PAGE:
Ranch and farm are two common words used in North America. Many people often confuse the two or think they are the same thing when, in actuality, they aren’t.
In a nutshell, a farm is typically a lot of land that is used primarily for agriculture. There are many different types of farms that grow or produce a variety of food, fuels or other raw materials. The most popular, perhaps, are dairy farms and crop producing farms. Ranches, on the other hand, are usually a specific type of farm. They are large farms where most of the products produced are animals with the most common animal being cattle. Besides these broad differences, there are a lot of distinct differences as well.
- Cattle ranches produce the beef/meat that are served in a restaurant or bought off of the shelf at a grocery store.
- Dairy farms produce milk that is bought from the store and other products made from dairy, like cheese.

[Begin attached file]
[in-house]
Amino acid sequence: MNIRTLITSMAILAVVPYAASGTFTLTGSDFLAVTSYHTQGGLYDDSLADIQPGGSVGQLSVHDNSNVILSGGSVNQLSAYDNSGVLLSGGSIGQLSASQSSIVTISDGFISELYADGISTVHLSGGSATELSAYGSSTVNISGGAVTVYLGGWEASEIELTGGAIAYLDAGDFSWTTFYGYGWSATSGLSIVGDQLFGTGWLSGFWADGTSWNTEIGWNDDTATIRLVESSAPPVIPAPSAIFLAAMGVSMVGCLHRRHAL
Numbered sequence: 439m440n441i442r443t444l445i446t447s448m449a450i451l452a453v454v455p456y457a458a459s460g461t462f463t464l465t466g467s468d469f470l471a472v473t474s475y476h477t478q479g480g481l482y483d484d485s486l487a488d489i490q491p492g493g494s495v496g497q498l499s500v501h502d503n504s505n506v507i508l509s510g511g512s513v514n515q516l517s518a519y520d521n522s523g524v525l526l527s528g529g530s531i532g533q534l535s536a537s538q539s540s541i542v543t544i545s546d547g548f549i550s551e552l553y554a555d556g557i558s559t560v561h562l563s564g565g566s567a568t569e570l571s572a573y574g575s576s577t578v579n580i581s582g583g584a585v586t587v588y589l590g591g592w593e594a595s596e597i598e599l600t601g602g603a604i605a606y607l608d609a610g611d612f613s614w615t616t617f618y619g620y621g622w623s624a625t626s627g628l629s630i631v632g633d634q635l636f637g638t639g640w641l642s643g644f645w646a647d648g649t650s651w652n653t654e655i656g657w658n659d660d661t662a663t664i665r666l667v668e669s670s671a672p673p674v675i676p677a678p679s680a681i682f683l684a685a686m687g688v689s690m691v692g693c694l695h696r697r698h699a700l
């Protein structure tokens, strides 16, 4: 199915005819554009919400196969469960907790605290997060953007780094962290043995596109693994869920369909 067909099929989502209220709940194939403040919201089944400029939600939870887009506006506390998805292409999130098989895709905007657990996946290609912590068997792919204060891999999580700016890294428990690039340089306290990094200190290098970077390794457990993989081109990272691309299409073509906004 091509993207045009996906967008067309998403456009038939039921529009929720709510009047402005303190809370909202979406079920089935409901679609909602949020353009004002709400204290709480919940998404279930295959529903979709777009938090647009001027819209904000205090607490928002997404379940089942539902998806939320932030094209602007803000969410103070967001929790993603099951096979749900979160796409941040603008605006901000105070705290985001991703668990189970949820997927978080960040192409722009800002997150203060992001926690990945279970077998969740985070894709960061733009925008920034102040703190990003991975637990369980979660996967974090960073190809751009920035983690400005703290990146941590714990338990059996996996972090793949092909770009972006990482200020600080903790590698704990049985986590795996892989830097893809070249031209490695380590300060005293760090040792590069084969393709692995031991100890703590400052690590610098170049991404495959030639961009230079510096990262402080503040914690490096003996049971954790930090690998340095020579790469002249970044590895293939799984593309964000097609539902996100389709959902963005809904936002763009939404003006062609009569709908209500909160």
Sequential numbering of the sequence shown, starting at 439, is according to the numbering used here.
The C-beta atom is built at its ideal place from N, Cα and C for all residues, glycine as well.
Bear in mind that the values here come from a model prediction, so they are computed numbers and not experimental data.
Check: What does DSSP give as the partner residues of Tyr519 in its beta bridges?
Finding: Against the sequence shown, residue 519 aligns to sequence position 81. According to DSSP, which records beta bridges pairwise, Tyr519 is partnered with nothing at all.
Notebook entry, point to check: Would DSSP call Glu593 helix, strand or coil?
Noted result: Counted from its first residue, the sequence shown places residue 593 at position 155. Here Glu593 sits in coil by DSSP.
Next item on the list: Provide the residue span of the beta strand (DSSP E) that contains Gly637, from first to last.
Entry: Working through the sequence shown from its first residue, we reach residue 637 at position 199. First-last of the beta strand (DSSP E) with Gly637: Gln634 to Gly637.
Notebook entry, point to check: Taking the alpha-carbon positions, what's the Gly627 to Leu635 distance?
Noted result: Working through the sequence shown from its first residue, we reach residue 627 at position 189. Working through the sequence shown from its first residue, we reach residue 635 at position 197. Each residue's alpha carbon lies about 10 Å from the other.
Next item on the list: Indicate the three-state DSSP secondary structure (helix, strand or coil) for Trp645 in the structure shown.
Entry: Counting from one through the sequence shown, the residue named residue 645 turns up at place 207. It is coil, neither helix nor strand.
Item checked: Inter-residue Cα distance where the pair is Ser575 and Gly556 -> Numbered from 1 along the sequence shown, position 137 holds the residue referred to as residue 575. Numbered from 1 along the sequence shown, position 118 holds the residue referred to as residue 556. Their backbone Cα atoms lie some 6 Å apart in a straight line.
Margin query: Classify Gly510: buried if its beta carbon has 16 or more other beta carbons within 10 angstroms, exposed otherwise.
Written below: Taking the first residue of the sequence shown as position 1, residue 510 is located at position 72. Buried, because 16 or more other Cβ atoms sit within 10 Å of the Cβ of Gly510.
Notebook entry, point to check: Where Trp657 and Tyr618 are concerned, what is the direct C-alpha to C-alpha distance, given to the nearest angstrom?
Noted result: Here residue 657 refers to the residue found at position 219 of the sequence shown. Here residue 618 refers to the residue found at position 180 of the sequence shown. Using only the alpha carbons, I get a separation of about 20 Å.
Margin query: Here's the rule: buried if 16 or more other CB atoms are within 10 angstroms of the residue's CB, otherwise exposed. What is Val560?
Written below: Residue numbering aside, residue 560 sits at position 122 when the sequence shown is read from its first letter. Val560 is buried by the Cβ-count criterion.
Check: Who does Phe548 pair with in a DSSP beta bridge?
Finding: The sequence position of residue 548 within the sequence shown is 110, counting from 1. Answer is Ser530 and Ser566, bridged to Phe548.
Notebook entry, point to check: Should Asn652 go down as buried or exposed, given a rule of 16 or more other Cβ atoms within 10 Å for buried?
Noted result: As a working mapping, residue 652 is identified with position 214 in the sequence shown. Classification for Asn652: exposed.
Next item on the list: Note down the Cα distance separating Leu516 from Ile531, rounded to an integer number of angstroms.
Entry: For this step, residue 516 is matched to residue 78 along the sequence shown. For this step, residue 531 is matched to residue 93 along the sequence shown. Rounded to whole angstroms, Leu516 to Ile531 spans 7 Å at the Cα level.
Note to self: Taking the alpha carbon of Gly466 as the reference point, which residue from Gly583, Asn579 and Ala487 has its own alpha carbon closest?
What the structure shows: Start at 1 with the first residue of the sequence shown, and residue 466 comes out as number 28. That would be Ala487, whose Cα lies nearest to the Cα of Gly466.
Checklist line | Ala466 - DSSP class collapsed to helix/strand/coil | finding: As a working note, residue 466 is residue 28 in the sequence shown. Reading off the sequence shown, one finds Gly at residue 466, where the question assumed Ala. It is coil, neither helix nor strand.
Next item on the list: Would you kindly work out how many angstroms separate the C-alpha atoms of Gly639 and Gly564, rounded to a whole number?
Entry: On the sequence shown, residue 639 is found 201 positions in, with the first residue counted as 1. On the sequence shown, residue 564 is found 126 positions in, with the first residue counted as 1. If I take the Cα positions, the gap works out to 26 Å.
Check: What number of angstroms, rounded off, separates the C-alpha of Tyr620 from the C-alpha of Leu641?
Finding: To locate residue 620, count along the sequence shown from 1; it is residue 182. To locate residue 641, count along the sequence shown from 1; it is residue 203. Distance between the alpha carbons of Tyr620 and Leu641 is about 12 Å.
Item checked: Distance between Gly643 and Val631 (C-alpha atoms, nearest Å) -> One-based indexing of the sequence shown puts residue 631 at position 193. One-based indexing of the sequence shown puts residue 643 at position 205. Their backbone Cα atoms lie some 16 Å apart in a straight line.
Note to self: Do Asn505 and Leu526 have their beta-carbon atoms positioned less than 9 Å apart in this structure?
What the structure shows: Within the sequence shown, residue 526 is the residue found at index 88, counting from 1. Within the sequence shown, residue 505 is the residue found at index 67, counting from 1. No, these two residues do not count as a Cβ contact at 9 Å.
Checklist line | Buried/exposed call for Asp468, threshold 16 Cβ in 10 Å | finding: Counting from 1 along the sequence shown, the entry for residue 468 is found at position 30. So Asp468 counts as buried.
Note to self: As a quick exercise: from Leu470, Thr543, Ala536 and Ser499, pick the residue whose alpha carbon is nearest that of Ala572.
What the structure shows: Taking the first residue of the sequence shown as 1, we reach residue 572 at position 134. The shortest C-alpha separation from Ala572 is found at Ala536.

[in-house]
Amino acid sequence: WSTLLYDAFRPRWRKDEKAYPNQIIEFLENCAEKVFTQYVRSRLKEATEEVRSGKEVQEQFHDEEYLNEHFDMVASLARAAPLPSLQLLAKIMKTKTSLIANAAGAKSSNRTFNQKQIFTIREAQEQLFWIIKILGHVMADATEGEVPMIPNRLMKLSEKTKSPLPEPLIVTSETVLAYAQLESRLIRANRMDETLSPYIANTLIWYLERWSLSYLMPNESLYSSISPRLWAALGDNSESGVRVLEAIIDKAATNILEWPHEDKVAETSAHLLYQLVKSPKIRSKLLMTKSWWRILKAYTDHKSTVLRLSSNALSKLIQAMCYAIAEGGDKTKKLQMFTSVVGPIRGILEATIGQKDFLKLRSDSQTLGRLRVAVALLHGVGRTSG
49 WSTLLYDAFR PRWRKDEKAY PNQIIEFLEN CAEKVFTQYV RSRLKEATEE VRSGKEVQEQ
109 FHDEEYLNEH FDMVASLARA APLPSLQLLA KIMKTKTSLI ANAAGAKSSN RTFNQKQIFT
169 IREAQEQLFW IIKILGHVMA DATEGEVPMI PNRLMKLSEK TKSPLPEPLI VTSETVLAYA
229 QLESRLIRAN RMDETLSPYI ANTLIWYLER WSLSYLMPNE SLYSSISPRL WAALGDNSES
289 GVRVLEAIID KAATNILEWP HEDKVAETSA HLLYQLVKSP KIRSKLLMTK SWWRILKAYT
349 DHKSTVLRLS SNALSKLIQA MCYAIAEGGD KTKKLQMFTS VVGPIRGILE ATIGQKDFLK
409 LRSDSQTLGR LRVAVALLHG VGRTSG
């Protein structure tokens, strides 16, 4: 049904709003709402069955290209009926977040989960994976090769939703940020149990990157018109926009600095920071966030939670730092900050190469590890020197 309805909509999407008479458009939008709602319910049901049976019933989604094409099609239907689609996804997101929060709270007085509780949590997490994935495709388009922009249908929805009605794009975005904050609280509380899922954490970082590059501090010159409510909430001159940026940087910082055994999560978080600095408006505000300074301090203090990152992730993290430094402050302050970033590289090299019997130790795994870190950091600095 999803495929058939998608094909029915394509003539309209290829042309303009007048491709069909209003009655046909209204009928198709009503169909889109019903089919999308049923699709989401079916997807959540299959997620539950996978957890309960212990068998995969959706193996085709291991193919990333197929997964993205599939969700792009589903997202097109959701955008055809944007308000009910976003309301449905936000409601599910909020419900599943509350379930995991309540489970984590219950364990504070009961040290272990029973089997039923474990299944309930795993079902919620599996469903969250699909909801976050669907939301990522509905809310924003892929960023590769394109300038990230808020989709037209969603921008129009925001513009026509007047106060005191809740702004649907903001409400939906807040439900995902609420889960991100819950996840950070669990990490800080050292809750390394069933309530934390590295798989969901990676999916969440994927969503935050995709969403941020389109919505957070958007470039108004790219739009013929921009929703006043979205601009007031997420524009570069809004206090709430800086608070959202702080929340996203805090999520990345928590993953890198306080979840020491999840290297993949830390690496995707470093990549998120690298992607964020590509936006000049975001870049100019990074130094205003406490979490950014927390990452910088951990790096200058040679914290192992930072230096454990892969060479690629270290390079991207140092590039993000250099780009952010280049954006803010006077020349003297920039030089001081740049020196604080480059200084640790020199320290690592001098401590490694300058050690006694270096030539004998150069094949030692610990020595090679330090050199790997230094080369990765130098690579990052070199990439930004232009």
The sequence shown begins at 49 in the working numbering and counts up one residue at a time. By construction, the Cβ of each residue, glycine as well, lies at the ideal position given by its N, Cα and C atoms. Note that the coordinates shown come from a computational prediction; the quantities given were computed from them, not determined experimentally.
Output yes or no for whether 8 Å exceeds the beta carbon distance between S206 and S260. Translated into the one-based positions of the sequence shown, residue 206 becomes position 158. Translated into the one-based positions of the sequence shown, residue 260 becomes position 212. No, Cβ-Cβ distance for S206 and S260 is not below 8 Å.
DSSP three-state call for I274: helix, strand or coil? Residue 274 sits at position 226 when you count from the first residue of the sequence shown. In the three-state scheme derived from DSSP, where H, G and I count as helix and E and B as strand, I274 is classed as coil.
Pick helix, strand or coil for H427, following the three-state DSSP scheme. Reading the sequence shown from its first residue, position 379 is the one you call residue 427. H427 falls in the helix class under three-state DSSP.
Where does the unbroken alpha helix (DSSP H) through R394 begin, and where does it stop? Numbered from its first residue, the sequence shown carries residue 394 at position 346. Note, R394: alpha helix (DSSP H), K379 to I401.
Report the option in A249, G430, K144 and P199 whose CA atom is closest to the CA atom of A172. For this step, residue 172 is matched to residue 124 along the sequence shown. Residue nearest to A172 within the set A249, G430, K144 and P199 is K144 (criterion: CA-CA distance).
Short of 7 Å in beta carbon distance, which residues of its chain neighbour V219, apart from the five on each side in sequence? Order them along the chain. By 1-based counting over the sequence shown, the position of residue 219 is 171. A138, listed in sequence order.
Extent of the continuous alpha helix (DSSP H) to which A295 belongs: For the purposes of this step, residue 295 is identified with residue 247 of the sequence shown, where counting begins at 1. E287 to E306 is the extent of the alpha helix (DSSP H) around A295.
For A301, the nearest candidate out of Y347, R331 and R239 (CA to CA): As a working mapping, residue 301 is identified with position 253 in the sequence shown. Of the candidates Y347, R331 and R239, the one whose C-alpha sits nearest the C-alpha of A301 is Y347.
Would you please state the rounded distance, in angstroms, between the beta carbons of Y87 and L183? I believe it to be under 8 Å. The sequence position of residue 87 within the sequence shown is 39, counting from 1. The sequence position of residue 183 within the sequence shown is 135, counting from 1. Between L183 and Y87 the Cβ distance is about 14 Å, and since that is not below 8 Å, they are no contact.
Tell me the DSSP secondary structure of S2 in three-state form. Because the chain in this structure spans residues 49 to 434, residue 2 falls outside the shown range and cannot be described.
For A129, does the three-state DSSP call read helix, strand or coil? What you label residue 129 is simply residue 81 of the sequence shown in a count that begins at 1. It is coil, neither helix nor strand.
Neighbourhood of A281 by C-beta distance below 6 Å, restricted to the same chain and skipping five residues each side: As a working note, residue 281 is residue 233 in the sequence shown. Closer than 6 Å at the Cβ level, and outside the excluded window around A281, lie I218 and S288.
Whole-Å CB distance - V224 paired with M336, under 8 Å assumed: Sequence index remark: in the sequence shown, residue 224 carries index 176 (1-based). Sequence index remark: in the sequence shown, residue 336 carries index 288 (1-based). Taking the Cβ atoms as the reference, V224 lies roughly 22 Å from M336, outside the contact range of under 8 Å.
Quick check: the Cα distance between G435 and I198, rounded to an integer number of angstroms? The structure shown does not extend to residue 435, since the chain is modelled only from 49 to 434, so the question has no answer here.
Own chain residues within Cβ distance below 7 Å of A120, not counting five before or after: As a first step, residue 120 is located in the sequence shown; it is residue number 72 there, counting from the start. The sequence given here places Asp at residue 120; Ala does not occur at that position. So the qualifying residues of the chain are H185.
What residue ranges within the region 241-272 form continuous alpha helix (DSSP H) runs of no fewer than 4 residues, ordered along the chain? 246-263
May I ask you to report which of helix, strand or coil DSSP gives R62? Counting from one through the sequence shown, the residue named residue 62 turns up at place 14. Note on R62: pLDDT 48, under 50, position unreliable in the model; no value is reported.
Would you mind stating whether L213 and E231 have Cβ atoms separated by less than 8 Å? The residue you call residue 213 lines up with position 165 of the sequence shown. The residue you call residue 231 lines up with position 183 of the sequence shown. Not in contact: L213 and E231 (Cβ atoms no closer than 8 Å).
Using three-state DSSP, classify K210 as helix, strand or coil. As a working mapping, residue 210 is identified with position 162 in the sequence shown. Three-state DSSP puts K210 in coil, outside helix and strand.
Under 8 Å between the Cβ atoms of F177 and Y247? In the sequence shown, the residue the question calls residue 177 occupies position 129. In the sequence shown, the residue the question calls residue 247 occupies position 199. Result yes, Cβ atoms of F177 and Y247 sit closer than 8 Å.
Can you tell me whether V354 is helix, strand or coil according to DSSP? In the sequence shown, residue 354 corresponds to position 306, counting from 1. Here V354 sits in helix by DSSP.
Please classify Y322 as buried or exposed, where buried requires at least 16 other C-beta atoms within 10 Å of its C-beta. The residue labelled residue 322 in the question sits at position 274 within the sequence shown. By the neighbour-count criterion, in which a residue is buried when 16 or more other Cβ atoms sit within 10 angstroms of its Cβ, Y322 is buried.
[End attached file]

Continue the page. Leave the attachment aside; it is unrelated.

- Beef cattle on ranches tend to be more muscular while dairy farm cows are lean.
- Dairy farm cows must follow a strict schedule and diet in order to produce more milk. Cattle on the ranch have more flexibility. Ranchers spend most of their time checking the herd, fixing equipment or hauling water.
- Dairy farmers must shell out a hefty price for quality hay and other feed in order to give their cattle the energy and nutrients they need. Ranchers rely mostly on the land.
- Dairy farmers harvest milk consistently throughout the year to keep an on-going supply while cattle ranchers sell their cattle once a year.
The difference between a farm and a ranch is really based on the perception of the individual. The bottom line is that both farmers and ranchers work long hours all year round in order to put food on our tables every day, and we are thankful for each and every one of them.